"She's safe with us now. She and her daughter. Safe, for the rest of their lives." Hera folded her arms and frowned at me. "I have spoken to the Rek about you."
"Really? Troubling your masters about one problematic woman?" I gave her a humorless smile, then let it slide away. "How can you talk to them?"
"We have a technology that allows faster than light communication. There is a delay, but a short one." Hera moved to stand across the table from me, still frowning. "You're an exemplar of a troubling trend among the rescued. While most are willing to accept us, there is a substantial minority who resist."
"Imagine that. So what'd the Rek tell you to do?"
"We will keep you separate, so that you do not harm the others. We'll work with you, and hope that after the birth of your son you'll begin to look forward instead of backward."
"And if I don't?" I asked.
"They'll kill you," said a voice behind Hera.
Hope surged through me when I heard that little-boy voice, when I saw the blue-black thing that crouched before the balcony doors, still and hideous in the bright sunlight.
"No more killing," it said.
Across the table, Hera straightened, gold eyes locking onto the thing on the floor. Her face was a carved mask, beautiful and terrifying.
"What's happening?" I asked.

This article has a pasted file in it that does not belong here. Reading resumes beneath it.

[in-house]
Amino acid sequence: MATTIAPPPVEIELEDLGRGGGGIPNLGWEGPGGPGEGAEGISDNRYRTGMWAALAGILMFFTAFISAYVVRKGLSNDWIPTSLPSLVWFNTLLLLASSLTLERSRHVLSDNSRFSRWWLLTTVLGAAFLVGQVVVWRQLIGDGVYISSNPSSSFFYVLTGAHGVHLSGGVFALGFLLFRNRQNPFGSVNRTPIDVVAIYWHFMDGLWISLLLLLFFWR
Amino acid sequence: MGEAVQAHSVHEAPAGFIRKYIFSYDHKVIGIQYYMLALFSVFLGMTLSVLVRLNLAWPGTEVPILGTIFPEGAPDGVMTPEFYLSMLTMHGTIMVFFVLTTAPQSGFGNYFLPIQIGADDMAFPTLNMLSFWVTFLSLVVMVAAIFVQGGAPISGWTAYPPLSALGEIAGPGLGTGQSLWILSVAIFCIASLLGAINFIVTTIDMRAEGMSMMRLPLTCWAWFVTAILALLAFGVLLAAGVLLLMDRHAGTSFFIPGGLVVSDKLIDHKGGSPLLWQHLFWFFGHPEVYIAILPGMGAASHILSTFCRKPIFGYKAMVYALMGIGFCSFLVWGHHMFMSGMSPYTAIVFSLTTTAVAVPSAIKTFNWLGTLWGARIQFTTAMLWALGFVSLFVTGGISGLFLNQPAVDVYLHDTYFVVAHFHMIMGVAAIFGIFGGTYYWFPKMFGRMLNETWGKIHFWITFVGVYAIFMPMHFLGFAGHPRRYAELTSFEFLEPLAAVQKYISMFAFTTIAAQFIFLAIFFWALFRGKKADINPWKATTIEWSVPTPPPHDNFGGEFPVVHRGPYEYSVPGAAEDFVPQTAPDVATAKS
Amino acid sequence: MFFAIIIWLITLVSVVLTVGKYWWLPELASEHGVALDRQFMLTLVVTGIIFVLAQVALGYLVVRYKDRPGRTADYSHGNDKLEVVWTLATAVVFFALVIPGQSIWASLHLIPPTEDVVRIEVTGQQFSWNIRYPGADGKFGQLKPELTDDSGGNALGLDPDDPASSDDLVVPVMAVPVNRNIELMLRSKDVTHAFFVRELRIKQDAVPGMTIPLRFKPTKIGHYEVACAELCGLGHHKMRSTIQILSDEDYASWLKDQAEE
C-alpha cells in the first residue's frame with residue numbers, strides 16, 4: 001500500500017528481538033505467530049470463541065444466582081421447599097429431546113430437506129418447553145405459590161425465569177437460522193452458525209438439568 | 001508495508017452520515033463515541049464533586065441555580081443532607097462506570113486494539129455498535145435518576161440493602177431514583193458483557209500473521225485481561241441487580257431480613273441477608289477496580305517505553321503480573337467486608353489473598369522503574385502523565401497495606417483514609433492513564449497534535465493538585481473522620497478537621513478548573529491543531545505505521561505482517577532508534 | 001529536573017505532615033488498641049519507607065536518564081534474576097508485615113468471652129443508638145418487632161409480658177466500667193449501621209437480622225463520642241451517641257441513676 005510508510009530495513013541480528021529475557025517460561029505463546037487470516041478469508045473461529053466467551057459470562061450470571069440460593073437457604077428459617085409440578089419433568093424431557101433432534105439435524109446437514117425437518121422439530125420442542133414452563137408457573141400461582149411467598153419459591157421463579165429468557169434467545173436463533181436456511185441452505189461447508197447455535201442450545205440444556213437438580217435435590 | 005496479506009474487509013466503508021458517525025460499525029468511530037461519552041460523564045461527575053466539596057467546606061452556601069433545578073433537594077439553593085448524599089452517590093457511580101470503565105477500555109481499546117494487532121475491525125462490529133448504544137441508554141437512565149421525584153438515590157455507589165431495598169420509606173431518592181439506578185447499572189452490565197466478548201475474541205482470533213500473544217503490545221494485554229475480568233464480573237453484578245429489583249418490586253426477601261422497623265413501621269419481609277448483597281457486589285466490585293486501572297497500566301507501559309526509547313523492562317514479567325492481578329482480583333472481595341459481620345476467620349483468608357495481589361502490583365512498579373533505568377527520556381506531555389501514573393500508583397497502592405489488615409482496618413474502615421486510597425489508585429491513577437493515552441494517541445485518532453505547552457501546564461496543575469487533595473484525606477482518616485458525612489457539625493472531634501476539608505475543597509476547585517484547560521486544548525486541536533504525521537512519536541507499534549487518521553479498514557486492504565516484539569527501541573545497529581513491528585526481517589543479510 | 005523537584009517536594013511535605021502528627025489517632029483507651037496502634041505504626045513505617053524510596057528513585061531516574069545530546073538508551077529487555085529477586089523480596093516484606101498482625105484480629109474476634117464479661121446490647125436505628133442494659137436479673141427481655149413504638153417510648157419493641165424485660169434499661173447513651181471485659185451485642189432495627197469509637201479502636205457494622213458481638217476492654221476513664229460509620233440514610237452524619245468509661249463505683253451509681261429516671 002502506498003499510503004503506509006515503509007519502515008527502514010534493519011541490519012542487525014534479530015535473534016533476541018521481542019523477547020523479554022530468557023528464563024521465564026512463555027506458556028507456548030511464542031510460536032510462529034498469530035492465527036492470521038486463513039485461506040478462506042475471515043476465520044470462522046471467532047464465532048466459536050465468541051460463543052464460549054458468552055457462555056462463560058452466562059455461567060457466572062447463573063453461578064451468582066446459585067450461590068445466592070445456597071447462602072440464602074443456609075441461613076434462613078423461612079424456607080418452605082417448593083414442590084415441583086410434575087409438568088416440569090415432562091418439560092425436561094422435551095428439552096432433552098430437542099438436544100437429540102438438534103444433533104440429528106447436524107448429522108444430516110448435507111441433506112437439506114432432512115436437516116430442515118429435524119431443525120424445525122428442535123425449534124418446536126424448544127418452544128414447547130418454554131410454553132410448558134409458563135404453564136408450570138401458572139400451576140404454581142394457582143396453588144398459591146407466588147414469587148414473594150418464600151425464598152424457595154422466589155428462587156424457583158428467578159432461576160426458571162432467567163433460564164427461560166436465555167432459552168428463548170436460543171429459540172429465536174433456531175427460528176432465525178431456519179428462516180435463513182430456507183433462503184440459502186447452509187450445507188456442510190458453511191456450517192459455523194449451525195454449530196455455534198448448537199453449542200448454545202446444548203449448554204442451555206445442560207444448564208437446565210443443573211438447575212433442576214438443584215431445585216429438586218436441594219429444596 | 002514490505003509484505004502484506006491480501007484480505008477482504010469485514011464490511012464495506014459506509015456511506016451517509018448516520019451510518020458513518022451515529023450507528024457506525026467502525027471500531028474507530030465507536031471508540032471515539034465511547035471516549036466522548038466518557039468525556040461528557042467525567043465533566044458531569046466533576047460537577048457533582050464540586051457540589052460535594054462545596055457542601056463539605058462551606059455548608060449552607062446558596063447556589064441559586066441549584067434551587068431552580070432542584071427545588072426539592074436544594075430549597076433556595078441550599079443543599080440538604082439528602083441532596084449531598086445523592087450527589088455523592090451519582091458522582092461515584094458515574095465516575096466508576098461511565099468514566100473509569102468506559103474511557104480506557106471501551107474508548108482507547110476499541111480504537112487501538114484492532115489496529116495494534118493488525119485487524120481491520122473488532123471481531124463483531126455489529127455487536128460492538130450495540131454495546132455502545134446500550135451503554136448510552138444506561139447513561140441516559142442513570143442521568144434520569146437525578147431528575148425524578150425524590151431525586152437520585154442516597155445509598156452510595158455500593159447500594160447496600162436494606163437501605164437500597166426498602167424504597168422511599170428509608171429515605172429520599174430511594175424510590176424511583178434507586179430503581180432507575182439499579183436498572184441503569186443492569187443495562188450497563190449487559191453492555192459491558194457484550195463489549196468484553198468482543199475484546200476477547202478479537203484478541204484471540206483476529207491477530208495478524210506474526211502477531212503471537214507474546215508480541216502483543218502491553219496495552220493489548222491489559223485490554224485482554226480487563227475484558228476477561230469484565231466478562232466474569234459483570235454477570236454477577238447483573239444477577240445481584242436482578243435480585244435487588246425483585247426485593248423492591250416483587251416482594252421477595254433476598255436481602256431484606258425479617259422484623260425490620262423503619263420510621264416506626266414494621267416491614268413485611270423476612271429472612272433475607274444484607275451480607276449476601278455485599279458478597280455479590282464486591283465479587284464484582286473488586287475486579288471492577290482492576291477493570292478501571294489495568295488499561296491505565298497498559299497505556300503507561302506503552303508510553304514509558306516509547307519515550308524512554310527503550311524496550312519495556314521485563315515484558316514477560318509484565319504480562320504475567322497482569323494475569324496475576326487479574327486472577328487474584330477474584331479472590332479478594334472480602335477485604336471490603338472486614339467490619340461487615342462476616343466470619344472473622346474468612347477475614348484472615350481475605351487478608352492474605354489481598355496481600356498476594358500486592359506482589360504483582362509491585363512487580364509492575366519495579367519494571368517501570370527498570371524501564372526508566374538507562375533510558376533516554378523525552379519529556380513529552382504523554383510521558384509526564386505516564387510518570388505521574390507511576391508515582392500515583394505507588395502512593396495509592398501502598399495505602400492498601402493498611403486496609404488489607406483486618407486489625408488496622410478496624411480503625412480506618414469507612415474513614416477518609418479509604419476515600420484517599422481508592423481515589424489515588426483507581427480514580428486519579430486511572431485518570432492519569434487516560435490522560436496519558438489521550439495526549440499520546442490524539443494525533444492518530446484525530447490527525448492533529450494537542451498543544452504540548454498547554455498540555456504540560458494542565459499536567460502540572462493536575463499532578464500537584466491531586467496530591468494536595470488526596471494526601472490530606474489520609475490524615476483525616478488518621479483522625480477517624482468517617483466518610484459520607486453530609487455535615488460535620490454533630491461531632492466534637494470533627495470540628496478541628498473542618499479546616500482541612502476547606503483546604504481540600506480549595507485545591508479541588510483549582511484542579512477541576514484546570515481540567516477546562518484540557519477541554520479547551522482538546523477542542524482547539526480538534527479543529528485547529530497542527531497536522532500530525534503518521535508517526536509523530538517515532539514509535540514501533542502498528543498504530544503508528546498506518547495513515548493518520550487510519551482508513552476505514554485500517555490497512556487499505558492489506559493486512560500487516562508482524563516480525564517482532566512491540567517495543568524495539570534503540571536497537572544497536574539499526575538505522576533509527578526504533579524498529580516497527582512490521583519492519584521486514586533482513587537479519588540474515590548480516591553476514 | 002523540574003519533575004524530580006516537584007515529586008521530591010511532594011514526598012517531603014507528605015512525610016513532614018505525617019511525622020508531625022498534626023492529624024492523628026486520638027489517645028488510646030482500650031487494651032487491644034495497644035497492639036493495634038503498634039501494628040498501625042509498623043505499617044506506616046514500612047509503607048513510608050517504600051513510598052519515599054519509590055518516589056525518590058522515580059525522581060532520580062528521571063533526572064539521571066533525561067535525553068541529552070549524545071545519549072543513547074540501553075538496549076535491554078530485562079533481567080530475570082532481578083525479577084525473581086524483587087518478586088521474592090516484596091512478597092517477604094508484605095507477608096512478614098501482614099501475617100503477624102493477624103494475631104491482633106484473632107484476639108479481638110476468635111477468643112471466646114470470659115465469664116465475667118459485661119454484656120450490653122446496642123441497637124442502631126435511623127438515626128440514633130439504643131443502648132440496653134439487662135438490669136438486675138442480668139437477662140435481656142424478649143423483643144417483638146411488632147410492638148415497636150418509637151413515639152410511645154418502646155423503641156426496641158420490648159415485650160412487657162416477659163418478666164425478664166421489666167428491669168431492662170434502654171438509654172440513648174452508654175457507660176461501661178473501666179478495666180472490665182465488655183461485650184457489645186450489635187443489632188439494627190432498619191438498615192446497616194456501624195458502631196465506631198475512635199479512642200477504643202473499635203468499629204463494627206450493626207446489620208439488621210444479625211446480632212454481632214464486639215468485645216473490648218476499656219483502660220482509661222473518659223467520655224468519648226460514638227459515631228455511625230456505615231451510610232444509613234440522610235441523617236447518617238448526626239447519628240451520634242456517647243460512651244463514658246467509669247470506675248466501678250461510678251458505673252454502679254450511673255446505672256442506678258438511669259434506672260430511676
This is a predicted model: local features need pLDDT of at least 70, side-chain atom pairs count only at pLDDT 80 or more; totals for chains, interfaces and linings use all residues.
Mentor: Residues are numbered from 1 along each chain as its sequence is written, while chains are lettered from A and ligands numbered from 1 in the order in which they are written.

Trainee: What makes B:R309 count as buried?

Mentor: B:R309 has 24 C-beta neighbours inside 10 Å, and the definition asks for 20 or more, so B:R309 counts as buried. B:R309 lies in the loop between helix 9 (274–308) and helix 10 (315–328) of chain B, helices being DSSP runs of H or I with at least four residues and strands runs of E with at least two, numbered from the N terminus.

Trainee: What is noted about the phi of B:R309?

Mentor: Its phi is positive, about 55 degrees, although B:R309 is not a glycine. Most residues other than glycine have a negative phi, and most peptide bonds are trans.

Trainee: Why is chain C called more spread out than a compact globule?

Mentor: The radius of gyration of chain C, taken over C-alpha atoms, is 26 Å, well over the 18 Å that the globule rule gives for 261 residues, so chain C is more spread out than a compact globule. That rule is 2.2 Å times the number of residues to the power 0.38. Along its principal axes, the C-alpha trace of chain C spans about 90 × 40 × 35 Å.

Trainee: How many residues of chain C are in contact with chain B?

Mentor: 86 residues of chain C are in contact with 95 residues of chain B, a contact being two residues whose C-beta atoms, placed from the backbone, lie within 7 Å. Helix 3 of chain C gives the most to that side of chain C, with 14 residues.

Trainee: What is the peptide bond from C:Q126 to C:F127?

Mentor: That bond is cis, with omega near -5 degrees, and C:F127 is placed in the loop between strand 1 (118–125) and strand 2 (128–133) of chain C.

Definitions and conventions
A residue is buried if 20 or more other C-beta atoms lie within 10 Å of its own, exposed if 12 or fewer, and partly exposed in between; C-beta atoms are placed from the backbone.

"We're debating, Hera and I, over our network. Speaking to each other and all of the other Yil-Rek of the ship." The alien's voice wasn't so small anymore, wasn't sad. It sounded tired, unhappy, but determined.
"What are you saying?" I asked. These things were arguing my fate, everyone's fate, and I couldn't even hear them.
"I've told the Rek of the doubts of my faction. How I was chosen to speak to you. I've told them what you said. And I've told them what the Rek have said about you and those like you. That it would be a kindness to end you after your children are born, so that you do not pass your madness on to them."
"Is murder the only kindness the Rek know?"
I slid my chair back to the wall and stood, body quivering with adrenaline, my palm pressed tight to my belly.
"This must end." Hera's voice was not music now, but flat and cold as ice. "There are no other choices, we have come too far. This race is too dangerous. To themselves and to us. They must be muzzled." Her eyes swung to me, dead coins in a sculpted face. "She and those like her will be purged."
"No." My monster slithered forward, placed itself between me and Hera. "You cannot make that decision on your own."
"I speak with the voice of the Rek. We do not doubt them. Let it be done." From the loose folds of her dress the tiny wasps crept out and took wing. I closed my eyes, silently apologizing to the life growing inside me.
"No." The little boy was gone now and the thing's voice was old and solemn, mixed in with it was a pattering sound, like soft rain. I opened my eyes and saw all Hera's little winged assassins had fallen, curled on the floor like true wasps do when they die. "We are not the guns of the Rek. Our decisions are our own." It twisted its eyes up to meet mine. "My faction will protect you and those like you. Will you come with me?"